|Grip style: Vardon (overlapping)||Hand position: Very strong||Putting grip style / hand position: Reverse overlap / neutral
Zach Johnson’s grip is one of the strongest on the PGA TOUR. So is his game.
The down-to-earth Iowan announced his presence by winning the 2007 Masters, and he’s remained a world-class player ever since. He’s the picture of consistency, if not textbook technique.
Johnson’s hands are turned well to his right on the club’s handle, with the glove’s logo and his right palm pointed at about a 45° angle to the ground. Among major champions, perhaps only Fred Couples, John Daly and Paul Azinger grip the club in such a strong position.
Johnson isn’t nearly as powerful as that trio, but he’s much more accurate. He ranked among the tour’s top 14 in driving accuracy every year from 2007-14, typically hitting around 70% of fairways. Johnson’s secret? A swing built on excellent body rotation, and a follow-through which keeps the clubface square and prevents Johnson’s hands from getting too active.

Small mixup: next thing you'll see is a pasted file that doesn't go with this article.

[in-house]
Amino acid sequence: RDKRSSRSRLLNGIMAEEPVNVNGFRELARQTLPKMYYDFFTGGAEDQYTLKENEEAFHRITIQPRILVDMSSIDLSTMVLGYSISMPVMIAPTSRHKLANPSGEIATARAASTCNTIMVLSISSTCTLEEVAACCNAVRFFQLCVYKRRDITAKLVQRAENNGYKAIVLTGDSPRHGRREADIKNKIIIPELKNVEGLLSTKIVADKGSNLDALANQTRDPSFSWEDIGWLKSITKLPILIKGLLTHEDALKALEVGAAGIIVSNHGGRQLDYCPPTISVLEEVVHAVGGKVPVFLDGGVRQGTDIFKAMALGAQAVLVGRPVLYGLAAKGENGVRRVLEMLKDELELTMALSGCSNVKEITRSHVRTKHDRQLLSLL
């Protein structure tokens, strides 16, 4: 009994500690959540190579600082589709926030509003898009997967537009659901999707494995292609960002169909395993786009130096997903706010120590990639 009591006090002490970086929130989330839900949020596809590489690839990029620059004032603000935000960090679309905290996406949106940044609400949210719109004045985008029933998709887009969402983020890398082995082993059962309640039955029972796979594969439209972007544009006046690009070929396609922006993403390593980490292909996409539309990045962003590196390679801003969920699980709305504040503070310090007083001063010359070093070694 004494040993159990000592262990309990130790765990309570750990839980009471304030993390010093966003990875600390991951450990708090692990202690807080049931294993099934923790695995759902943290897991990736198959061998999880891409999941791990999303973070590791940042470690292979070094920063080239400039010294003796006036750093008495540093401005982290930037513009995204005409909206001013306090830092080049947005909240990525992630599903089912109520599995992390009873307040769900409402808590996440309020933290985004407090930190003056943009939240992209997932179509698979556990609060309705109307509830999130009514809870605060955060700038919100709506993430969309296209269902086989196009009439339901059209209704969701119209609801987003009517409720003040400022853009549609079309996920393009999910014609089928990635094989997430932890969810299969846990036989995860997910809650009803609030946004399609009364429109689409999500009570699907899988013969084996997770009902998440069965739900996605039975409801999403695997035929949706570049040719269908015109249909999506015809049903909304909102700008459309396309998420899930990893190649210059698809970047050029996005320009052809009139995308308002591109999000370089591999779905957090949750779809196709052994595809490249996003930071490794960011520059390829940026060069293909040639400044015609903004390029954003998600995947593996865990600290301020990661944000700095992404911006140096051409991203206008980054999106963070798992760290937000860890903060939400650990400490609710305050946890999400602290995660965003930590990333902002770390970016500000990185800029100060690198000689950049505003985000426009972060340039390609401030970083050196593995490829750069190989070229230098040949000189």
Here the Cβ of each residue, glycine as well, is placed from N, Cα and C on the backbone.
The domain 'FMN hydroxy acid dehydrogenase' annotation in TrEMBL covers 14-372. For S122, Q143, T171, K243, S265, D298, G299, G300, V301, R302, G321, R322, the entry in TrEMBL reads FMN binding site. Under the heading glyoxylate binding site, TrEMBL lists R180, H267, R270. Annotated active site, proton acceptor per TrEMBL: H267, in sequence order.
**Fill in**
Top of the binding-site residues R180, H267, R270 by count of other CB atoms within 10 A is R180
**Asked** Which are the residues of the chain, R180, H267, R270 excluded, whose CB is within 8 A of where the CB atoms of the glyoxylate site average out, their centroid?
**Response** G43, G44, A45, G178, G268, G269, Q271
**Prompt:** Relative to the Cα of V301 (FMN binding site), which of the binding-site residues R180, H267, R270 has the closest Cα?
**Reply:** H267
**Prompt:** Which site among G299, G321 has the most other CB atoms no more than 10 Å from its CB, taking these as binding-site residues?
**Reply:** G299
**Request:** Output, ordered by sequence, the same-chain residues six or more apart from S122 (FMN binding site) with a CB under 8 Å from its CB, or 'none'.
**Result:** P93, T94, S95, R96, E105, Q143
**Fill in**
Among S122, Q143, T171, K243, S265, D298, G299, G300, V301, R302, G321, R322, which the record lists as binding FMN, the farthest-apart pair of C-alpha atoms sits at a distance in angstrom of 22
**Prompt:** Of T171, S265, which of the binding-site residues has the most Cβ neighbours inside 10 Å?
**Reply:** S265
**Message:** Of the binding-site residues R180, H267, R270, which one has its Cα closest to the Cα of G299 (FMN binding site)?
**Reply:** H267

As a short hitter, however, he gets fewer opportunities to reach par 5s in two, so he must compensate on the greens. He does so with an unorthodox yet deadly method. It all starts with Zach Johnson’s grip.
His hands’ placement on the club isn’t unusual; Johnson employs a standard reverse overlap grip and a neutral setup. Where most everyone else aligns their hands directly over or slightly in front of the ball, though, Johnson’s are shifted back. This creates a pronounced “cup” in his left wrist and angles the shaft away from the target.
Like his odd full-swing grip, Johnson makes his putting grip work very, very well.